To hit its next growth stride, denim and apparel brand Good American has to look beyond the passionate followers of famous co-founder Khloé Kardashian.
“We make a premium product. [Khloé’s] fan base will definitely come, and they’ll buy once, but they won’t buy time and time again,” said Emma Grede, Good American’s co-founder and CEO. “They’re also not just buying the product because Khloé is associated with it. You have to stand behind $170 jeans.”
Good American launched with a line of jeans available in sizes 00 to 24, without specifying that any styles were plus-size. To Grede, that terminology is as antiquated as fashion’s sizing system. Her brand mission — to build a company that bucks industry norms around sizing and fit, and in doing so, make a statement on modern body positivity — preceded the product. She said Good American was gathering followers before the products even dropped, but she knew the product had to live up to the story the brand was weaving.
Since the 2016 launch, Good American has begun selling in Nordstrom and Bloomingdale’s, in addition to online, and it recently launched its first athletic wear line. Grede joined the Glossy Podcast to discuss why mainstream sizing is outdated, why she didn’t want to sell only online and how online brands can thrive in a wholesale setting.
On evolving size and fit
Built into the Good American brand is an obsession around fit. To perfect it, the brand regularly turns to customers to test new product. Groups of three to 60 women will come to the Good American offices to try on and give feedback around new styles, and the brand also uses email surveys and social media to prompt feedback and ask questions. Being able to respond to that insight is critical.
“We needed to figure out things like why certain sizes had such different return rates, and that led us to rethink sizing altogether. Sizing is something that has not been well understood. It’s antiquated and was done a very long time ago. I’m sure it was a guy who decided on the women’s sizing scale,” said Grede. “So we’re constantly looking at the data for trends, and as soon as we see something in the data, we ask our customers, and then we make decisions. That drives things like new inseam lengths, more sizes. We’re in a fortunate position to do that, at great frequency.”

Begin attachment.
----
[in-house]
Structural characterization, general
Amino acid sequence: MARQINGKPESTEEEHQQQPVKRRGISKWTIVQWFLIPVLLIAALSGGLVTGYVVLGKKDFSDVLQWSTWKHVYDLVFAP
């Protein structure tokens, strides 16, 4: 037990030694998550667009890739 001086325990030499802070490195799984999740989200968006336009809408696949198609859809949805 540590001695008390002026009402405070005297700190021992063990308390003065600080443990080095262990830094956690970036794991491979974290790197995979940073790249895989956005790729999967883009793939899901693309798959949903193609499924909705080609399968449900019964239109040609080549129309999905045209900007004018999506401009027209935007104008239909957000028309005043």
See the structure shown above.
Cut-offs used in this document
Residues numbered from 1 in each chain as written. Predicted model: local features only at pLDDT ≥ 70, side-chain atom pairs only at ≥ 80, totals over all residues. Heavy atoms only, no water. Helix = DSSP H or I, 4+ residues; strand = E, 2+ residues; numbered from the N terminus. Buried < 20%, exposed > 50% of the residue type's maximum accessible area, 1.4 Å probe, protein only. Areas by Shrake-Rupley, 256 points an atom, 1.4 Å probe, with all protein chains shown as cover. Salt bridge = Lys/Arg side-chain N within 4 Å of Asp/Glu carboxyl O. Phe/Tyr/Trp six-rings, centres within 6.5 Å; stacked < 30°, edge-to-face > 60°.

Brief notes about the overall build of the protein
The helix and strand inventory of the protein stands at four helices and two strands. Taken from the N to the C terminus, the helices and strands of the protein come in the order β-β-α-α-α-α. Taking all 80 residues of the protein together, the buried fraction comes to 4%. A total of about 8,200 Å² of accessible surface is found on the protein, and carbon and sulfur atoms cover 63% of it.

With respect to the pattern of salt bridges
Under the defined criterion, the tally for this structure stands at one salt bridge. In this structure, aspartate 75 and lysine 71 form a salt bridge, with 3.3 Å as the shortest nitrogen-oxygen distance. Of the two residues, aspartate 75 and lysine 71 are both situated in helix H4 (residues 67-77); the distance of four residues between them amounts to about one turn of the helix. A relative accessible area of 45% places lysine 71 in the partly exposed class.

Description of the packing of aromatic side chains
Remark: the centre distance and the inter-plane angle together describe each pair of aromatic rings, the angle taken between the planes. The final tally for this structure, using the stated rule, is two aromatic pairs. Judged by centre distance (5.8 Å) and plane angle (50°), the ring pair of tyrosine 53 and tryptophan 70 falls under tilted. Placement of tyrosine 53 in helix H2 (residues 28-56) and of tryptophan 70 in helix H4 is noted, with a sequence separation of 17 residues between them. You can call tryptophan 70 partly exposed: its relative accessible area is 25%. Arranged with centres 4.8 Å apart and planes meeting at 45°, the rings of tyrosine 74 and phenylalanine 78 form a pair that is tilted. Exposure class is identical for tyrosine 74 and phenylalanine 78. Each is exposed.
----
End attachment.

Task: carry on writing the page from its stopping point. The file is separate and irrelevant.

On changing the plus-size conversation
Part of Good American’s retail strategy was to sell to wholesale partners, but on one condition: They had to take every size in the range. The goal for the brand is to offer a different idea to customers around how plus-size women should dress.
“We’re in the fashion industry. Brands have to be honest that they don’t always want this customer. There’s the question of resources, as well — more fabric is going to cost more — but that was baked into our model from the beginning. It’s harder for brands to accept that if they make bigger sizes, they’ll make less margin — but if brands want to play in this space, they can do it.”
On the benefit of wholesale partners
Most DTC brands sidestep wholesale partners to make more money on sales and own the customer relationship. Grede said Good American included wholesale retail into its business from the beginning and sees it as a source of brand validation.
“People buy what they know, and they know what they see, so sometimes it’s about getting product physically in their faces,” said Grede. “The DTC experience is so wonderful because you can explain so much — we can tell a story that would be impossible to tell in wholesale — but what you can do in that space is great at the same time. Having our product next to other products is a huge benefit. The problem is when you’re all storytelling, and you’re all marketing, and your product doesn’t live up to it — if you put that in a wholesale environment, you’re dead.”
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